By the summer of 1979, scrappy little Chicago power-pop band Cheap Trick were suddenly major rock rock stars. The band's 1978 Japanese live album, Cheap Trick at Budokan, was such a hot import that the record label released it domestically in February 1979.
When the live tracks rocked FM radio and send "I Want You to Want Me" to #7 on the Hot 100 in July 1979, it did more than just make the long-running opening act for many of rock's biggest groups into headliners. The unexpected victory forced Rick Nielsen and company to put an already-finished ambitious new studio record on the back-burners for a while.
The Dream Police album finally landed on September 21, 1979. The record arrived with a title track that served as the lead single, complete with a full-blown music video. The track was another rock radio hit, peaking at #26 on the Hot 100.
For the album's second single, Cheap Trick went with a ballad: "Voices." The tune had a modest chart run, crashing the top 40 to peak at #32. The band's larger-than-life persona made than popular with kids, much like their regular tour-mates, KISS. As such, Rick Nielsen and singer Robin Zander promoted the song with an appearance on weekend morning TV show, Kids Are People Too.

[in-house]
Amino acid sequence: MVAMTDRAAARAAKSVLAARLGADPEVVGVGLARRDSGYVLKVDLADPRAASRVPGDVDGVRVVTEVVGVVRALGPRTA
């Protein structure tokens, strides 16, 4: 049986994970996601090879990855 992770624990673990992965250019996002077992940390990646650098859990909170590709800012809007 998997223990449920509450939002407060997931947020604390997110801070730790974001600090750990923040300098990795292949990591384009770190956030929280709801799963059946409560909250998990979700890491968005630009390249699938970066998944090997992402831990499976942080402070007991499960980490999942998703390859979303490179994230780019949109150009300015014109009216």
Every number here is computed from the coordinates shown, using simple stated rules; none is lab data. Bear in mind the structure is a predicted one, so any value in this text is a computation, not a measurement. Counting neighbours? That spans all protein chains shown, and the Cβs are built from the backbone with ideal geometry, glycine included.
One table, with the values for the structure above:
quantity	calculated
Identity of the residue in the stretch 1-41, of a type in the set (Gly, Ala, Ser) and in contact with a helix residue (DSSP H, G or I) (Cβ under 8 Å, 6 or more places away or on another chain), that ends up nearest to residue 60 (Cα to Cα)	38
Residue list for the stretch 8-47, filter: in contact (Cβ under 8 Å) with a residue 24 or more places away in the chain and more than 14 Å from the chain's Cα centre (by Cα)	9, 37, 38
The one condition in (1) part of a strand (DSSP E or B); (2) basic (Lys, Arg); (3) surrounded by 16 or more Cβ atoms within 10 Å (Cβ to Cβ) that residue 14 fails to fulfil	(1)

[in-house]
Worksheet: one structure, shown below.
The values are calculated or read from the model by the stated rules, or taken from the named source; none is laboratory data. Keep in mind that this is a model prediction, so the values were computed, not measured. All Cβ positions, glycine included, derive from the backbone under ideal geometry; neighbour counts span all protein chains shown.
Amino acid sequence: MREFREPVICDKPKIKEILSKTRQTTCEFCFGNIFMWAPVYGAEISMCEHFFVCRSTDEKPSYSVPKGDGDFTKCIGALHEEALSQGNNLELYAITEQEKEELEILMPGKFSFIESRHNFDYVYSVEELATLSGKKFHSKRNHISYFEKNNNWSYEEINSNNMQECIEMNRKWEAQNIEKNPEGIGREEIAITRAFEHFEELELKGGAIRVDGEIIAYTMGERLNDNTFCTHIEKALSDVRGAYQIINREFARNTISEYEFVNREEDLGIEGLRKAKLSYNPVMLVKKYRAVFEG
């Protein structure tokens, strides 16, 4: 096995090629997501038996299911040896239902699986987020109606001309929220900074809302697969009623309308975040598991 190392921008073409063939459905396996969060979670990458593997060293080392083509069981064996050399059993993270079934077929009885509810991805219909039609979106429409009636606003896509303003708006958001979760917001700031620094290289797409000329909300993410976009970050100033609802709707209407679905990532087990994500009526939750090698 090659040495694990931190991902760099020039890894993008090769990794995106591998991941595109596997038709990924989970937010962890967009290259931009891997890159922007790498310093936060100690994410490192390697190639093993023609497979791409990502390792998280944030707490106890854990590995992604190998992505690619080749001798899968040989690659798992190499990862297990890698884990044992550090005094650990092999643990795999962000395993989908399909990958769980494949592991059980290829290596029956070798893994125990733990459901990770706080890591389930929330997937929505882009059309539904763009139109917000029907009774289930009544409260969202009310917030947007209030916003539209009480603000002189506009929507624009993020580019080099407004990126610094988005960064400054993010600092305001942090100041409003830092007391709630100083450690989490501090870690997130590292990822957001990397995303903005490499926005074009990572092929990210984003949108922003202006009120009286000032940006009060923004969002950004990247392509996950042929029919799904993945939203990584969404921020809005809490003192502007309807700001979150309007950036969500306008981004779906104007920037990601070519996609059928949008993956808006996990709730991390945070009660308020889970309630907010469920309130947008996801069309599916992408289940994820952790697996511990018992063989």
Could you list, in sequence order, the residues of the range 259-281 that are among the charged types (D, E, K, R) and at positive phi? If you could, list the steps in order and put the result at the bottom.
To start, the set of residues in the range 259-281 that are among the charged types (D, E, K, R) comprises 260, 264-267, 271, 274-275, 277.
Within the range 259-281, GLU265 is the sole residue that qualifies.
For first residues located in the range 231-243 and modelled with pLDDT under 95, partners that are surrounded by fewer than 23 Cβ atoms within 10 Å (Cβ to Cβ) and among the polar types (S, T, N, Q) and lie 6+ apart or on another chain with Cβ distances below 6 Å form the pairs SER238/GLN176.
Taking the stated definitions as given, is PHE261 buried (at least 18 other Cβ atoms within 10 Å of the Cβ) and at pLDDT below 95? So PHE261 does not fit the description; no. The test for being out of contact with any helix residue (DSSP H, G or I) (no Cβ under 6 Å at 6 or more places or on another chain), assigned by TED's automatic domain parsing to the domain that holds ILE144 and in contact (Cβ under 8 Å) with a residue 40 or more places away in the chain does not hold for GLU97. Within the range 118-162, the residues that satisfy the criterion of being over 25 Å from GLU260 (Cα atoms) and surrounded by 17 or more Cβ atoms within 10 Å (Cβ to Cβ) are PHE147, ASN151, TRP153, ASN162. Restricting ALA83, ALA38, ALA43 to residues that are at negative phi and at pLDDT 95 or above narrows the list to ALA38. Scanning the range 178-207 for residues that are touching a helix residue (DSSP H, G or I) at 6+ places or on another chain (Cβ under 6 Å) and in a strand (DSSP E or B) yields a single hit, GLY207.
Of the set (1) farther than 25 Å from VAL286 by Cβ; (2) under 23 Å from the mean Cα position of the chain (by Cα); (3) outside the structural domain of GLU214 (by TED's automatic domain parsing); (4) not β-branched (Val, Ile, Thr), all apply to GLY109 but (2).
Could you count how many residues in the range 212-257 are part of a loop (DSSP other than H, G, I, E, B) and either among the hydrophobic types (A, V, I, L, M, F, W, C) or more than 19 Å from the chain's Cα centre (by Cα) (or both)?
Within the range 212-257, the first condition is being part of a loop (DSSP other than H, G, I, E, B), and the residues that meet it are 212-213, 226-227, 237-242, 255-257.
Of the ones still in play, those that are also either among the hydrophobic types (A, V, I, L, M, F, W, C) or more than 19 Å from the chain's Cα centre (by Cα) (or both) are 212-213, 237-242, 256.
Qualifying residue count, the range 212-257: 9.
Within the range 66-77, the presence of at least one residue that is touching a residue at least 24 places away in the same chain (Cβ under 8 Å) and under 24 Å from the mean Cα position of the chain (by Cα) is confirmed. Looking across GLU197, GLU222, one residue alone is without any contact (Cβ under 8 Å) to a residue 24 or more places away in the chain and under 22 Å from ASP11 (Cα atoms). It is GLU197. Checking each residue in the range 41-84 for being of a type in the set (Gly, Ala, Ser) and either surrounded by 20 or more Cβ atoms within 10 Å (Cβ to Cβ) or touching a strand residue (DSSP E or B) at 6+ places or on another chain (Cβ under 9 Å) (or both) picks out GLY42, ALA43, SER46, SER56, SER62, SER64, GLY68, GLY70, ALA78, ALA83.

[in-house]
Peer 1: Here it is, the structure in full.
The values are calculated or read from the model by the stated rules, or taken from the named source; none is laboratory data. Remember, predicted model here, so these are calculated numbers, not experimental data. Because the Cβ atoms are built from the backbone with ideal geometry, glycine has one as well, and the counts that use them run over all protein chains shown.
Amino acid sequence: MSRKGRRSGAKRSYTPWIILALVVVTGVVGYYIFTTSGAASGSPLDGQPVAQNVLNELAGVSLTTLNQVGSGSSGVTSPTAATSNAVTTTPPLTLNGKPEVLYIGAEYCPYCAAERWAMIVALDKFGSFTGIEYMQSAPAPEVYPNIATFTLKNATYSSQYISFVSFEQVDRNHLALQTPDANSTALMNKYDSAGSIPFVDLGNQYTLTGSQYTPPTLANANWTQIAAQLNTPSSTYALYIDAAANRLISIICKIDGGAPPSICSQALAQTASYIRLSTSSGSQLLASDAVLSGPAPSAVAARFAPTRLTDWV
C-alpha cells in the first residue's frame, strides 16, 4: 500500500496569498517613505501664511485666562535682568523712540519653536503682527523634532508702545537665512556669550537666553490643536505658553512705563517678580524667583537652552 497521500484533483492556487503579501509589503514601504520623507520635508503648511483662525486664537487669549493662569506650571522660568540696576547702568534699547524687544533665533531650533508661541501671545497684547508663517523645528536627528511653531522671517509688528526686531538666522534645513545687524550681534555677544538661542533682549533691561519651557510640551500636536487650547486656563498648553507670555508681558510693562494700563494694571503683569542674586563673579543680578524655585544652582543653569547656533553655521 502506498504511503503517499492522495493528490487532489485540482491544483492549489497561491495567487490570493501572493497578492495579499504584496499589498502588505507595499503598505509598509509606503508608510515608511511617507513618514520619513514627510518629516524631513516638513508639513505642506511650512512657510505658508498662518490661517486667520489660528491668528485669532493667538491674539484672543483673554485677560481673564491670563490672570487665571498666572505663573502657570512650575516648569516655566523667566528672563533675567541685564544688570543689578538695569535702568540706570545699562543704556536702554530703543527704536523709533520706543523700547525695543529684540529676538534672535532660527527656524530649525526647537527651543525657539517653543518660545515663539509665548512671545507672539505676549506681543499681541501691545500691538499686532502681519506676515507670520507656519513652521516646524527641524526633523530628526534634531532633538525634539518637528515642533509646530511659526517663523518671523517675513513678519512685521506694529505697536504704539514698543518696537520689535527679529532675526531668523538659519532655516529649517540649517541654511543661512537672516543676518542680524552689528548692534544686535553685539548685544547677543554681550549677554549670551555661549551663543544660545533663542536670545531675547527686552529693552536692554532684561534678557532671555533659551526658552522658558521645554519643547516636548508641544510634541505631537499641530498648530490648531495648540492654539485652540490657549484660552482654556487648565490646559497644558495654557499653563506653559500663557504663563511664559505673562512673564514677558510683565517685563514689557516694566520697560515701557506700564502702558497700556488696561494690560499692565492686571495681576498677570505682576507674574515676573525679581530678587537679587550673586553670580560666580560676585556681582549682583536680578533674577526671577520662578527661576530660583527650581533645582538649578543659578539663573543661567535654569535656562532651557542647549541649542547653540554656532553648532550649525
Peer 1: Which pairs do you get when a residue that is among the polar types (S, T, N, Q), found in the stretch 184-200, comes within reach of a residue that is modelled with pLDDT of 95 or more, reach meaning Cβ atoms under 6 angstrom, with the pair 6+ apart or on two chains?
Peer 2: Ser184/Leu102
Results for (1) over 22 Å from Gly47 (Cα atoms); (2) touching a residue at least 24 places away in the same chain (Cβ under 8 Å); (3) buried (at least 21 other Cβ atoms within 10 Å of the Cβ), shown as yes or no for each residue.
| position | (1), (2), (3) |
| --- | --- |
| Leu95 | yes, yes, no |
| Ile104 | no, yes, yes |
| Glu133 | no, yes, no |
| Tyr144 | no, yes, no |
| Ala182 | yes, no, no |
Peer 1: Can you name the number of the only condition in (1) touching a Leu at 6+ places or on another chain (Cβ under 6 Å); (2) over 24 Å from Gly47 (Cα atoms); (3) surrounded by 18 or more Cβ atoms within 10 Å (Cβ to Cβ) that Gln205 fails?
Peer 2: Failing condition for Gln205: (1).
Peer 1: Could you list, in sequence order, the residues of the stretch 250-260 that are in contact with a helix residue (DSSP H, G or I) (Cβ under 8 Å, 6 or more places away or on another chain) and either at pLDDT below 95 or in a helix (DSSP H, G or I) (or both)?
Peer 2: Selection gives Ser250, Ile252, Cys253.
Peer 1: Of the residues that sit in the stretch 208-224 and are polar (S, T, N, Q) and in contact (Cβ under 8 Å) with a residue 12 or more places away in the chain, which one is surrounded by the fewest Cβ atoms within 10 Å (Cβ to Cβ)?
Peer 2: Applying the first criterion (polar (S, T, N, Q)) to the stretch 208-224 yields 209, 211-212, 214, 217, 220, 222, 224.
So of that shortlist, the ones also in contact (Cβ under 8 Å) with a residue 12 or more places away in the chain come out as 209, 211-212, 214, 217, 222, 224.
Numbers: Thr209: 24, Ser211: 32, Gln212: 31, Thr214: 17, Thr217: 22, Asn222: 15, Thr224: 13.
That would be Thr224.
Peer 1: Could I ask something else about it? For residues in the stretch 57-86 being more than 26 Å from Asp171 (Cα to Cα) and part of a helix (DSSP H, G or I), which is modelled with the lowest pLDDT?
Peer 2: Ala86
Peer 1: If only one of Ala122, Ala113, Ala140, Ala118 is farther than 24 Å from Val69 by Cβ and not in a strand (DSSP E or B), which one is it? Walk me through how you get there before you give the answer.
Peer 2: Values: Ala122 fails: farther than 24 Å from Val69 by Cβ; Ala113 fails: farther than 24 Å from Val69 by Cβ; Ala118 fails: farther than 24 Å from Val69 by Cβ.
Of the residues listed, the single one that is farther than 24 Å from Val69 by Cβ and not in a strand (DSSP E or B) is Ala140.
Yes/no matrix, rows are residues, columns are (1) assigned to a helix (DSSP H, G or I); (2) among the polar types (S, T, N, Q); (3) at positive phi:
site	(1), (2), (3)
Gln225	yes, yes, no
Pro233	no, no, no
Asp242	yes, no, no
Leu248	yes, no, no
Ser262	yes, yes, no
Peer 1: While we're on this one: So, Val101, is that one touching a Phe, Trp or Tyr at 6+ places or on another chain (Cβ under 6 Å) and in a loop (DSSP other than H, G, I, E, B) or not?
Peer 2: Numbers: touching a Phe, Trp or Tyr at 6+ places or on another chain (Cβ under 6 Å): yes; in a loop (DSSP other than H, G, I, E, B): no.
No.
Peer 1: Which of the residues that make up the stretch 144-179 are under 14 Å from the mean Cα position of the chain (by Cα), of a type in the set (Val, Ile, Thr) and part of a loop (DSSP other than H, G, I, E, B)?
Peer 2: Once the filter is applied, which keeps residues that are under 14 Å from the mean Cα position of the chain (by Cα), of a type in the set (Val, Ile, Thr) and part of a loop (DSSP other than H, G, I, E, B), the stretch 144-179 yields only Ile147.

"Way of the World" was released as a single in the UK, where it had a modest chart run. The song reached #72 on the British charts.
The Dream Police album was an immediate hit with the band's American fans, sending the record all the way to #6 on the Billboard 200 for the week of October 27, 1979. The #1 album in America that week: Led Zeppelin's In Through the Out Door.
“Look,” Rick Nielsen told Rolling Stone in 1979 when pressed for a deeper meaning behind Cheap Trick's music. “I’m a really normal guy. You know our song, the one that goes, ‘It wasn’t easy, it was hard as hell….Never worked so hard, had so much pain.’ That’s really what Cheap Trick is all about: work hard, keep trying. Everybody in the band has that stick-toitiveness.”